Just after 7pm three old ladies turned up and after a minor tussle over seating arrangements parked themselves left of the altar and in front of the seated guests. They had delicate silver bells with long stems and small wooden gavels. The doors were shut and the procession of those paying their respects was halted. The three crones began chanting in a Macbeth type of way and kept up an amazingly syncopated rhythm with bells and gavels, hardly ever hitting the notes at the same time. It reminded me of my worst DJing moments.
After a very long 15 minutes everyone silently sighed in relief when they ceased their experimental tinkling and chanting. There wasn’t a wet eye in the house. Then announcements came over a PA system and 2 monks promptly appeared. The senior monk wore a black kimono and orange cape rakishly slung over one shoulder. The junior monk had a similar get up only with a less flash cape. The top monk placed himself in front of the coffin and his side kick took up his position to his left. These two really showed the old witches how to do it. The old man lead with a gravely Tom Waits style delivery and the younger monk accompanied him with drum and ringing bronze beaker. The quality of the instruments were amazing – such a piercing and pure note from the beaker and such nicely resonant thuds from the upside down wooden drum.
I know all religions like to repeat themselves but it seems Buddhism has really taken repetition to heart. A hymn or prayer is over in 3 minutes or less, whereas the sutras that the two monks performed got the 12 inch extended remix treatment. After three numbers I was beginning to alternate between drowsiness and being bored out of my mind. The crowd was prevented from nodding off by the sporadic call to put palms together and do a nodding prayer. A few also choose to chant along to keep their minds from wandering.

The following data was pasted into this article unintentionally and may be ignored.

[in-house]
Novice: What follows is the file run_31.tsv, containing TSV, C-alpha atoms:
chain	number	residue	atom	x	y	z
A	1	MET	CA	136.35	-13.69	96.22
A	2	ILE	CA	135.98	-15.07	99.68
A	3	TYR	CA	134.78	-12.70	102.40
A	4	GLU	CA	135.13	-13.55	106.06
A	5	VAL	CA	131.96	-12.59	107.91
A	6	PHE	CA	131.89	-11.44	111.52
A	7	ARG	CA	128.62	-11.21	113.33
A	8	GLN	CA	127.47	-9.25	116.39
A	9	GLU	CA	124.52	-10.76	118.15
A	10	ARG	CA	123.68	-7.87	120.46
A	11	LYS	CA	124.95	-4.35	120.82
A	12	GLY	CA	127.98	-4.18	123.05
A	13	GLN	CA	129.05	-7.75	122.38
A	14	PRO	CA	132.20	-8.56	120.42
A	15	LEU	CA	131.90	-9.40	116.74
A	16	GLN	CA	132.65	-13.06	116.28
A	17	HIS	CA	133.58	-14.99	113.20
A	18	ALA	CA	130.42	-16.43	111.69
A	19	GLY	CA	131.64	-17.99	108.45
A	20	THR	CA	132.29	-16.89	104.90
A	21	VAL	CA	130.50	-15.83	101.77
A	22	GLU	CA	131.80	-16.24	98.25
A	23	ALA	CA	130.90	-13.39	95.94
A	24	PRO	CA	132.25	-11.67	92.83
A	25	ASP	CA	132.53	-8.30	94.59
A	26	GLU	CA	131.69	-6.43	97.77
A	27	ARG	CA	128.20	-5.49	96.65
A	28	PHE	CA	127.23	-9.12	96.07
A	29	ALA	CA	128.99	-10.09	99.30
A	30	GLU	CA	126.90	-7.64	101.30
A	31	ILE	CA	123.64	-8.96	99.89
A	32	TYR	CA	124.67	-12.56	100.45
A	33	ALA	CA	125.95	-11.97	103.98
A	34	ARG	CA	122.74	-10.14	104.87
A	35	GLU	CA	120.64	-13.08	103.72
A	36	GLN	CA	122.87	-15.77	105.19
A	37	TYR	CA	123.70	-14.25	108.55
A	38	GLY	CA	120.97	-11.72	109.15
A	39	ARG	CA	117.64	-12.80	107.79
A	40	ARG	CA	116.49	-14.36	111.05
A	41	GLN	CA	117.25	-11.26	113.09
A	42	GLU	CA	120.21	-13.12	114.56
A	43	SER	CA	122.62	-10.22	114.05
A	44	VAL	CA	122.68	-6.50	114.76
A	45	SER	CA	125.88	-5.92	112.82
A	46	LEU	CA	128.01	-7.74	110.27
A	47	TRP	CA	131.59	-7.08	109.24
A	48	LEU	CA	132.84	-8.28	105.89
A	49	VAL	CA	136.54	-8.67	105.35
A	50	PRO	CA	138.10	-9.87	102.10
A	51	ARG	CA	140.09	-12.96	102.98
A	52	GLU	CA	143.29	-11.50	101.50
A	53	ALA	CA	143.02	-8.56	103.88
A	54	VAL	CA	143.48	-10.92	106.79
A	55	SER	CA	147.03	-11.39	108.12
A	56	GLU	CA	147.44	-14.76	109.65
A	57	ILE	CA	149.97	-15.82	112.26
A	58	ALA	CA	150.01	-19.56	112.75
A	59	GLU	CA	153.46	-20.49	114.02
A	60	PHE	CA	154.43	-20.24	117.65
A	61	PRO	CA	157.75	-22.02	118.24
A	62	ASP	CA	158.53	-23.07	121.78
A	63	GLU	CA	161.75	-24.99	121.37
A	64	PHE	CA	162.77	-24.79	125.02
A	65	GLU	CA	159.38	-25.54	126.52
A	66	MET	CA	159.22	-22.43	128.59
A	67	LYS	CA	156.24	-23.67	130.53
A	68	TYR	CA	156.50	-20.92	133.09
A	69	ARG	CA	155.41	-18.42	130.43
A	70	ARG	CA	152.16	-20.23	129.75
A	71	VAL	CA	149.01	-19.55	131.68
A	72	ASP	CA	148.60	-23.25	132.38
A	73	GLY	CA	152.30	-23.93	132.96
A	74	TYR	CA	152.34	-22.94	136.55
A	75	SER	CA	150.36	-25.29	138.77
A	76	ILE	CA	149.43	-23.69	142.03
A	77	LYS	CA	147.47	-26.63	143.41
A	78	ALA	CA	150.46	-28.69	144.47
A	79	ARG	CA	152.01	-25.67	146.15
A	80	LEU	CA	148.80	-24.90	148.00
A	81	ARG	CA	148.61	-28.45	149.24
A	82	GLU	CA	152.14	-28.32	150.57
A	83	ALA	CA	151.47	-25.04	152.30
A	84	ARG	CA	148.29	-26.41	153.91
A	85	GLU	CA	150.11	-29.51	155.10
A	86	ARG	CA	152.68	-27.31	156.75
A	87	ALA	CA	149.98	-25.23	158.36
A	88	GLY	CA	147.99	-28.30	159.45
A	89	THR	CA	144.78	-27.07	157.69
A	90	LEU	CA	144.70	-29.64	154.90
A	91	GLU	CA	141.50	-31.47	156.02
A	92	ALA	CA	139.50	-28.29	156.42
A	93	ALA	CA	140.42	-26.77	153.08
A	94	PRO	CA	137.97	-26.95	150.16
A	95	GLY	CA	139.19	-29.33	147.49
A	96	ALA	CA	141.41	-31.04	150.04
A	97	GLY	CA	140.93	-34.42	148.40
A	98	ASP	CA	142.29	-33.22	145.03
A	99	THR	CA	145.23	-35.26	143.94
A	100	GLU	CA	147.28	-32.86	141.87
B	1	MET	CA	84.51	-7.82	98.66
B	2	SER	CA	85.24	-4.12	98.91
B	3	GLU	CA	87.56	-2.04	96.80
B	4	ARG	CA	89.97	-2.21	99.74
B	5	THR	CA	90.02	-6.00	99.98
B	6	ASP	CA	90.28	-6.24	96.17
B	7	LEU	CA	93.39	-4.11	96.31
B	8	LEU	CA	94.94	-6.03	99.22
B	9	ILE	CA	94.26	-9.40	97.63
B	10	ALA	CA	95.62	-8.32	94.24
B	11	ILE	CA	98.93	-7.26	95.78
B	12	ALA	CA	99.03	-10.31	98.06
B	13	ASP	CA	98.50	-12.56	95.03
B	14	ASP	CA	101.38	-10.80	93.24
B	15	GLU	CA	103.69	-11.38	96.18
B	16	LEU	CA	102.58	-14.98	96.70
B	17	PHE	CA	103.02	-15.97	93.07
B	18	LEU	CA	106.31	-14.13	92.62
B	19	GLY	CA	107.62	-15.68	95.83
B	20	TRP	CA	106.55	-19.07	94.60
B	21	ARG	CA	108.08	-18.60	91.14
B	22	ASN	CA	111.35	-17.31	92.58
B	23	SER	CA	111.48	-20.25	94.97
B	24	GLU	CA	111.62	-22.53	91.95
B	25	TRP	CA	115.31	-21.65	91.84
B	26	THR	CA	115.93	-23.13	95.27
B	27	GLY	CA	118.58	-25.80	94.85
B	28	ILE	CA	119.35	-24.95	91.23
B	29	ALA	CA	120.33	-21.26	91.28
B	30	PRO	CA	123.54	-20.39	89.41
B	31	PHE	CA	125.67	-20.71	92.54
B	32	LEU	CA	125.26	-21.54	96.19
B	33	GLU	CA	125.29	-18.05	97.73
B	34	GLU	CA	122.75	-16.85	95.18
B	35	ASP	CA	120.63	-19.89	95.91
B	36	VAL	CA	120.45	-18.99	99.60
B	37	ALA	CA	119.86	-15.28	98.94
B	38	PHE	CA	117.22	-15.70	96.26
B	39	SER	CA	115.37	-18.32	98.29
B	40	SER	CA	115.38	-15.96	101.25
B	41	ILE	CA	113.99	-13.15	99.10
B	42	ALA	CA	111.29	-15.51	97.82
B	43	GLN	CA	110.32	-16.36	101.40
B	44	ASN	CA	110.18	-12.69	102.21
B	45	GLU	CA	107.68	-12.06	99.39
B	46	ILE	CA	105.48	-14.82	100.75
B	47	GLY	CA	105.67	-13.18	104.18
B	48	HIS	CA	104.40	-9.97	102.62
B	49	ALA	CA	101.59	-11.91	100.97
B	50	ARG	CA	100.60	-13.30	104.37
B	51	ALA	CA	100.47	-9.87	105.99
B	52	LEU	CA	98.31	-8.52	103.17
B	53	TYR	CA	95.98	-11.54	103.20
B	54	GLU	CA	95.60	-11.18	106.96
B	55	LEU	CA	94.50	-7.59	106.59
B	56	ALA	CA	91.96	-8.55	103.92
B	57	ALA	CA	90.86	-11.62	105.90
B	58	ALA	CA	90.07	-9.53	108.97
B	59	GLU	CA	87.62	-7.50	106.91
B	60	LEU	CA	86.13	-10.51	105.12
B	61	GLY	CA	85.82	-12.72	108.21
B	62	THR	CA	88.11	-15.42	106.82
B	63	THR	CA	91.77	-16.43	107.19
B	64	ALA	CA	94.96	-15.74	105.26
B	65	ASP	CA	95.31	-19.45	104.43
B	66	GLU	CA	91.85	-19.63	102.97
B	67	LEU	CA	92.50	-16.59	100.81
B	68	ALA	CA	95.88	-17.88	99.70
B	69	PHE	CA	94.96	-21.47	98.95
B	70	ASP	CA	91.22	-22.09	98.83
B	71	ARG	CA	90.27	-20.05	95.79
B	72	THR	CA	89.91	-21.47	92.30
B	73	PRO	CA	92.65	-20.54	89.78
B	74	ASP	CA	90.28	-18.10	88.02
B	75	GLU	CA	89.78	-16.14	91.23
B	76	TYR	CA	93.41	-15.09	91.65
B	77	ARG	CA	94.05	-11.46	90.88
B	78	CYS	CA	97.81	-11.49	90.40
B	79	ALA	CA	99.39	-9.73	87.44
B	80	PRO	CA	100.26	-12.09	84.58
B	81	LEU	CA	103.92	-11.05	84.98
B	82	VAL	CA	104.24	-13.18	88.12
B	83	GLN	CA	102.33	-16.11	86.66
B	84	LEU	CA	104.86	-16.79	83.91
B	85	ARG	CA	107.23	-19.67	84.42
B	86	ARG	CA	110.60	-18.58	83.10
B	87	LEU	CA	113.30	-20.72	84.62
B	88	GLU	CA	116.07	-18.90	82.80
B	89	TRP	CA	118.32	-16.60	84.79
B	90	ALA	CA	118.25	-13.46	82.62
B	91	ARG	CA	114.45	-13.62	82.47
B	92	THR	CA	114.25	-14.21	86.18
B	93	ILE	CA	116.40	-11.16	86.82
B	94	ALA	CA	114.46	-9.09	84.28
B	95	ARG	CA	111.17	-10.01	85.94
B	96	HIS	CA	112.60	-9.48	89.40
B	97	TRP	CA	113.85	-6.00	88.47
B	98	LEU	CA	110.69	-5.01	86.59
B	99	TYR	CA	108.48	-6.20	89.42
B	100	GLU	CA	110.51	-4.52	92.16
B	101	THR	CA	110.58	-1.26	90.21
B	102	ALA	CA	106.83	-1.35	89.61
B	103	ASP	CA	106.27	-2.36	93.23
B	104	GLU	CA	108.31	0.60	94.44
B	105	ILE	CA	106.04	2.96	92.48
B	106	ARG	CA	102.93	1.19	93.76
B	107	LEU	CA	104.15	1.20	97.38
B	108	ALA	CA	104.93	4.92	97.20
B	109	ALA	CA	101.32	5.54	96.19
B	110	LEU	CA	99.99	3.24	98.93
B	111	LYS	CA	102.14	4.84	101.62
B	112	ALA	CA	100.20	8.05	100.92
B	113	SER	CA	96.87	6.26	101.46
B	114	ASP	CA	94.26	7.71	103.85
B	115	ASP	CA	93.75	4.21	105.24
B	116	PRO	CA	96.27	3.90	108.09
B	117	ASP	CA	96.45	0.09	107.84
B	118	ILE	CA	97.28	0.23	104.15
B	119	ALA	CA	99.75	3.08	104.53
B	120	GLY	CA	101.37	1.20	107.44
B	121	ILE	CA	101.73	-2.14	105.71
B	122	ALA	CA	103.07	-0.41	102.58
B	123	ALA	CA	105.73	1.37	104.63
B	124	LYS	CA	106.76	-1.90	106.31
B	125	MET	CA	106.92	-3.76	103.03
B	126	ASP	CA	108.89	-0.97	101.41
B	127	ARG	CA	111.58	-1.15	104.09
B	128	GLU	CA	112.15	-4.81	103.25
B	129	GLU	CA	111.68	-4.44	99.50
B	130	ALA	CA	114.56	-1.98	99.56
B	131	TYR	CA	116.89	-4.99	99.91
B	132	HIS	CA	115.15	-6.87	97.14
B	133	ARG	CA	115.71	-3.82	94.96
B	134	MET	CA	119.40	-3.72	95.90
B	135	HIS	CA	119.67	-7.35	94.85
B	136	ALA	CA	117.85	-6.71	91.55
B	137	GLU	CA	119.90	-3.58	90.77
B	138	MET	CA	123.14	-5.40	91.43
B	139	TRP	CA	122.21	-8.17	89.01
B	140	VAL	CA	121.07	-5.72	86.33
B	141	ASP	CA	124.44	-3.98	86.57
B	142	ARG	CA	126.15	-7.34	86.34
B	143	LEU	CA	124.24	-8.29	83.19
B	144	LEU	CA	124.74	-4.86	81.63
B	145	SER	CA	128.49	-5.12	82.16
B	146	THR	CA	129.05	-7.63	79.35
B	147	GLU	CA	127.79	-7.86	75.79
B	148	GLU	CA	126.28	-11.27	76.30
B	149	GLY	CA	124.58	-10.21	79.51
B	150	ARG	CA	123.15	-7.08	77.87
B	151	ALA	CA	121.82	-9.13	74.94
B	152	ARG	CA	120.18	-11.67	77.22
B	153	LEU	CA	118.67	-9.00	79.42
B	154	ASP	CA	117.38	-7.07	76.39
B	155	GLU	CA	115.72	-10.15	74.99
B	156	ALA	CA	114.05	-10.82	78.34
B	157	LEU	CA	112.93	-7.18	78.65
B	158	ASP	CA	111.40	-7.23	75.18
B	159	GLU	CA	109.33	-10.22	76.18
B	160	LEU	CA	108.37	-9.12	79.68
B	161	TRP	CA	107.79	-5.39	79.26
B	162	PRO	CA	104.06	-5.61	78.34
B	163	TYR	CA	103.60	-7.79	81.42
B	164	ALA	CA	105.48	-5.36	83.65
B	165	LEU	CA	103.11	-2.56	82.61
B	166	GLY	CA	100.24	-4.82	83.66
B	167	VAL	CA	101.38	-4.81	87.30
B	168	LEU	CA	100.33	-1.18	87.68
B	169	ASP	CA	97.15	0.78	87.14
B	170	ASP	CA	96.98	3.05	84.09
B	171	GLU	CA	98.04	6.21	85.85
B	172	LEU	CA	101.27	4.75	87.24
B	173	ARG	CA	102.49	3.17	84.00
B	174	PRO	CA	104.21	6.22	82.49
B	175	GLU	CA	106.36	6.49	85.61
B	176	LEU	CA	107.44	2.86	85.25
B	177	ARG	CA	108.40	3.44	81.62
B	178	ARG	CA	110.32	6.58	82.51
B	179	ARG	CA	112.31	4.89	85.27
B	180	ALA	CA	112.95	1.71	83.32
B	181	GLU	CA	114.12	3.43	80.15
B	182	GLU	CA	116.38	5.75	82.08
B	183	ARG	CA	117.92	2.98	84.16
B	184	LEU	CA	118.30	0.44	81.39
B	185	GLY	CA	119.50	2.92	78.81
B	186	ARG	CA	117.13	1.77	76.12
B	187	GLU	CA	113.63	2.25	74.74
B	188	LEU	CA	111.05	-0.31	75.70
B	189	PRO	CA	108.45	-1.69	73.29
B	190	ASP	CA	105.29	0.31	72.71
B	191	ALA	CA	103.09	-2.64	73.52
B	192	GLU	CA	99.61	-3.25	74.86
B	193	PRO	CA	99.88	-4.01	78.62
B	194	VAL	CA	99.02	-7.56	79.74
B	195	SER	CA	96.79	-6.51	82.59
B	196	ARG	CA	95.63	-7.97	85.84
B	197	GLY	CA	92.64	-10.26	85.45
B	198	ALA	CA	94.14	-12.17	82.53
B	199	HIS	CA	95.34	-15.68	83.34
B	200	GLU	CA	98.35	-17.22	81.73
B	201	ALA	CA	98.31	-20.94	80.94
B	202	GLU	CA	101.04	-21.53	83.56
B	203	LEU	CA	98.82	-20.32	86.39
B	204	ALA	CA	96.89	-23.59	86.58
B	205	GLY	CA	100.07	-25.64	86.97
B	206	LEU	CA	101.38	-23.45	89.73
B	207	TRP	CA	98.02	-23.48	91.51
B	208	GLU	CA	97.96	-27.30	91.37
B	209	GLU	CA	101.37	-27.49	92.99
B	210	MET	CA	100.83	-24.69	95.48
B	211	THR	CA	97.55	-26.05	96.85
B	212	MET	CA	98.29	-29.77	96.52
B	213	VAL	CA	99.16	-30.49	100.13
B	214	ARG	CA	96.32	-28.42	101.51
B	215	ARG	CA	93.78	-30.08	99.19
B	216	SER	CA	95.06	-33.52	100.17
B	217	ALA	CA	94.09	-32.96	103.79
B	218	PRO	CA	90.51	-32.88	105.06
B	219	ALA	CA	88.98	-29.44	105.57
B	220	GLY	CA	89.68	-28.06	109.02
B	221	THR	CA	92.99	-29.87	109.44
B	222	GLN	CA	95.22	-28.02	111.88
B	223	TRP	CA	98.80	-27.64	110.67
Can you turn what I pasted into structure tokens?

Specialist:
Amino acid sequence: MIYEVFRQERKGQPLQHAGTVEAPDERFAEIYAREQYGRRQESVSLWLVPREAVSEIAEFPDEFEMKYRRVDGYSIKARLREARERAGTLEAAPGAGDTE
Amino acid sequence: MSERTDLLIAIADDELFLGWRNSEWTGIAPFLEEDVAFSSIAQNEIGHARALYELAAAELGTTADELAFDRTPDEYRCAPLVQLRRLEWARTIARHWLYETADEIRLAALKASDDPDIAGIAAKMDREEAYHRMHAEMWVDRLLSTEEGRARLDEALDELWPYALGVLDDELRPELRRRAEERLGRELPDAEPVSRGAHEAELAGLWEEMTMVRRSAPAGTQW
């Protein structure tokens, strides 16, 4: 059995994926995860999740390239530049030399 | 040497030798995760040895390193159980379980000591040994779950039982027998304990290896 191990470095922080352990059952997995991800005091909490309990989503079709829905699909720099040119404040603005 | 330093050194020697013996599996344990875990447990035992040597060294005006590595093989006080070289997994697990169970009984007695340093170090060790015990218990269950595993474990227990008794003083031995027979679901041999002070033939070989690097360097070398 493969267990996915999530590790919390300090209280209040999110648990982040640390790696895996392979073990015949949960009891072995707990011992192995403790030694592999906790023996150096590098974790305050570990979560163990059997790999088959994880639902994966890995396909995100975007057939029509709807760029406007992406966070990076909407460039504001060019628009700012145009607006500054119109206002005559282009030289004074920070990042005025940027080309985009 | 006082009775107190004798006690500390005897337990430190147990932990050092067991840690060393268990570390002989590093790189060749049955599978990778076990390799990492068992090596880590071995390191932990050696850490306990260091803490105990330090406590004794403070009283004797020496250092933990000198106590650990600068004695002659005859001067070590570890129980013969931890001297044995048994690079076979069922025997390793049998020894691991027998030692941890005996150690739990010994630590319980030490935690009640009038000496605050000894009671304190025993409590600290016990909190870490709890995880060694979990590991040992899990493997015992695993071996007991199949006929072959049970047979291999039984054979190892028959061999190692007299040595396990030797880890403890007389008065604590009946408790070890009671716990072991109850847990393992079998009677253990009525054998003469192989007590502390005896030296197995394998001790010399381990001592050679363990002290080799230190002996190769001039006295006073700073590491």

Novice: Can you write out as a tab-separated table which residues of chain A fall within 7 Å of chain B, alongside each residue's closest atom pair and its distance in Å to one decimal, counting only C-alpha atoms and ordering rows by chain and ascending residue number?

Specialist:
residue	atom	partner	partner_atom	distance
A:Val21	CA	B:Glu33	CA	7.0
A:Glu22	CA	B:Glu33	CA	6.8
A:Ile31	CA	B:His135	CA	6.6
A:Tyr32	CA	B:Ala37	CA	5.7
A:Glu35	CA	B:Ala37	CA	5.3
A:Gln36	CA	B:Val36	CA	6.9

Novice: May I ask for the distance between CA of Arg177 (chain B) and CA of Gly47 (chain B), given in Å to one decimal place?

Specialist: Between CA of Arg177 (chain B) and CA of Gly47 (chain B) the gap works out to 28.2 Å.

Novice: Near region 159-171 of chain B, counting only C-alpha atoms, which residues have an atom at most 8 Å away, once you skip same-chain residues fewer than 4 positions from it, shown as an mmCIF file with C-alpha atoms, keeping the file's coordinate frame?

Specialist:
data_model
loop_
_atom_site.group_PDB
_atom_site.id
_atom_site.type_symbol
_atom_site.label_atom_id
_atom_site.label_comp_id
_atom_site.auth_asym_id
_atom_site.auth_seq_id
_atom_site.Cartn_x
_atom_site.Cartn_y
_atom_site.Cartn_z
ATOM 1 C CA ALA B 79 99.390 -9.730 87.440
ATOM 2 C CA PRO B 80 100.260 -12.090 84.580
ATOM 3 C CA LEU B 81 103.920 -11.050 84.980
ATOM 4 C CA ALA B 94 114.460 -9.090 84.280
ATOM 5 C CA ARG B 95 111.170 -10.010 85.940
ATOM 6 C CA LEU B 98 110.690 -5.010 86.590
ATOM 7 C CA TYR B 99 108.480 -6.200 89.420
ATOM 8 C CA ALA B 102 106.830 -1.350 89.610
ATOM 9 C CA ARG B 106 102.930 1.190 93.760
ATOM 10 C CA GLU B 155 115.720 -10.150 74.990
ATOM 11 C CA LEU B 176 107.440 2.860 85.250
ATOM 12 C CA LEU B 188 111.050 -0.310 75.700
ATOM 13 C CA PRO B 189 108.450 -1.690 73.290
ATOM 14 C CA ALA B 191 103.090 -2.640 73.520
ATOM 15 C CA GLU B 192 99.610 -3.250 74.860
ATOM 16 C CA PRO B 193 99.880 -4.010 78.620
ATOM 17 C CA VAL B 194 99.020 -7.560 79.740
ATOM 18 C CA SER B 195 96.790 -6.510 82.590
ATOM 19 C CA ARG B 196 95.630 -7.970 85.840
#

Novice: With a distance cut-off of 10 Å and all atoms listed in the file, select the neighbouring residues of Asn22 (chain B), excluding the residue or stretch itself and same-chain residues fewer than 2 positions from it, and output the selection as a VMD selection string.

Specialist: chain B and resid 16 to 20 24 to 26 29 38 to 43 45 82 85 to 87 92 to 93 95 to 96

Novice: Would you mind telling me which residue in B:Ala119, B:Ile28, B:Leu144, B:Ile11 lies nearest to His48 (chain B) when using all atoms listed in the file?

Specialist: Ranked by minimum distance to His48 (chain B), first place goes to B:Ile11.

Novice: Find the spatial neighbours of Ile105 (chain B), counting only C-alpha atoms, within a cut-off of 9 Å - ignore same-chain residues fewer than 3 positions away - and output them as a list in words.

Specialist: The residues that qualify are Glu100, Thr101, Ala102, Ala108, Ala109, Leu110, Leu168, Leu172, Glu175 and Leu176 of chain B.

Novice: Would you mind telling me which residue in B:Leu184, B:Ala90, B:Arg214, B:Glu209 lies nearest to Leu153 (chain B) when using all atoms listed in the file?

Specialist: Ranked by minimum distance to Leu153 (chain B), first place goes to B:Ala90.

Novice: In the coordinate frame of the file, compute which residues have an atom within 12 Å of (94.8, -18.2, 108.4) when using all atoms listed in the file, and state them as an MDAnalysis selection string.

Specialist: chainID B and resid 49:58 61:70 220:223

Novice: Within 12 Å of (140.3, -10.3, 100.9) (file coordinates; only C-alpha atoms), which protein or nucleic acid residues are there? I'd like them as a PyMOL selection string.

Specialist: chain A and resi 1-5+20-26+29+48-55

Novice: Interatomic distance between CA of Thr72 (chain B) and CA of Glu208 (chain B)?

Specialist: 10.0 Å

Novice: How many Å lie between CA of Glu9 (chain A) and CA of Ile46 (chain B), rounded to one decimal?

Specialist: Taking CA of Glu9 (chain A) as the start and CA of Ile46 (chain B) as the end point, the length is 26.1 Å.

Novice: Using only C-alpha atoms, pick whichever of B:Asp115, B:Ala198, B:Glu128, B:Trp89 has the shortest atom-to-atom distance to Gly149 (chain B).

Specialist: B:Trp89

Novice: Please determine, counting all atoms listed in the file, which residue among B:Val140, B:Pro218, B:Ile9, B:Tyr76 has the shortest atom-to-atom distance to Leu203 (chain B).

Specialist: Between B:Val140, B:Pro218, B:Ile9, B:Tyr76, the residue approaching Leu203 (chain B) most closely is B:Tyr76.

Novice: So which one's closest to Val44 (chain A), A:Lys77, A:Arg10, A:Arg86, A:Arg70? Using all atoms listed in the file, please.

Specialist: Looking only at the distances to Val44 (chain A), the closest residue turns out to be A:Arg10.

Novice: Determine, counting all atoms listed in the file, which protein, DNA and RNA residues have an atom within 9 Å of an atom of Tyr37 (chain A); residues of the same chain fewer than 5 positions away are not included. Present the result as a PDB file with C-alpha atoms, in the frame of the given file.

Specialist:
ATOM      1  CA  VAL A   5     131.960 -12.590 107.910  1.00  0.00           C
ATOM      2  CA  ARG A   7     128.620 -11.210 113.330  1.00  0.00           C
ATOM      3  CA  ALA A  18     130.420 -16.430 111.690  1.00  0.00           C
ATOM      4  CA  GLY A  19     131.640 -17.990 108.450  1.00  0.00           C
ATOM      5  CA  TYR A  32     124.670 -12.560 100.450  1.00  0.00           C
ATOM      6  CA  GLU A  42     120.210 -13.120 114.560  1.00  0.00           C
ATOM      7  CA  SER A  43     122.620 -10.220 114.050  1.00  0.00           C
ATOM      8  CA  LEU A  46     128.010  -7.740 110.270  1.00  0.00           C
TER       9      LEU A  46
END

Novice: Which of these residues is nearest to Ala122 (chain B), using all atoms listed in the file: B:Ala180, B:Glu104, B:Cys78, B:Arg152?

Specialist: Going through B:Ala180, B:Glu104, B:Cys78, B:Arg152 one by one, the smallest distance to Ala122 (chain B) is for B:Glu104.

I think it took an hour. I can’t be sure as all the slow gargling chanting had discombobulated my mind. It felt like 2 Chinese speech festivals back to back. My hopes rose when the chanting ceased, but were soon dashed when number 1 monk rose and stood and gave a speech from the far front left. Obviously, I had no idea what he was talking about (later I was informed he was explaining the new Buddhist name the deceased had been given) but I couldn’t help but notice his peculiar style of oratory which involved his eyes alternating their attention between some bloke’s shoes in the front row and the door on his far left.
After an interminably long ramble the monk ran out of steam and two family members replaced him front left. A woman in a black dress suit and mandatory taxi driver gloves swiftly produced a mike. At this point I was considering how to follow Dazai’s example but luckily only one family member made a speech and it was mercifully short. Once they had sat down it was like spring. The place lit up with life. The entire hall cleared quicker than a pub that has stopped selling booze; and a half dozen old men hot footed it outside to have a much needed cigarette while they waited for their wives to pick up their memorial gifts and have a wee.
From entering to exiting took about 2 and a half hours.
Naturally, as readers of these blogs have come to expect, the funeral didn’t pass by without my making some type of faux pas. After surviving the ceremony I thought I was home and dry but of course not. On leaving I bowed to the principal mourner and said, “gososamadeshta” (thank you for a nice meal) instead of “gomenasai” (I’m sorry). At the time only my wife had noticed my gaff which I had immediately corrected. However later that evening when the family gathered in a local restaurant to compare notes on funerals, my wife nicely recalled the incident to the gathering.
In high spirits they all thought it a capital fine blunder and toasted my stupidity. It helped lift the spirits of my mother-in-law who felt the ceremony she had attended was far too short and envied our marathon experience. The family bottle of shochu was uncorked and greedily imbibed. It seemed the release from formality and the fact that my wife’s ageing parents still had enough vim and vigour to withstand three days of dead people’s stuff and even manage two separate funeral ordeals at the same time made us all feel quite happy. And such good cheer spilled over into a second bottle of nasty tasting shochu being ordered.
I got home nicely plastered and opened my ‘memorial gifts’ from the funeral. These gifts had cost my family 500 dollars so I was expecting something up there like an mp3 player the size of my fingernail. What I got was 10 sachets of sugar and 3 packs of green tea.
For more bizarreness from Japan check out Trippy Traveller in Japan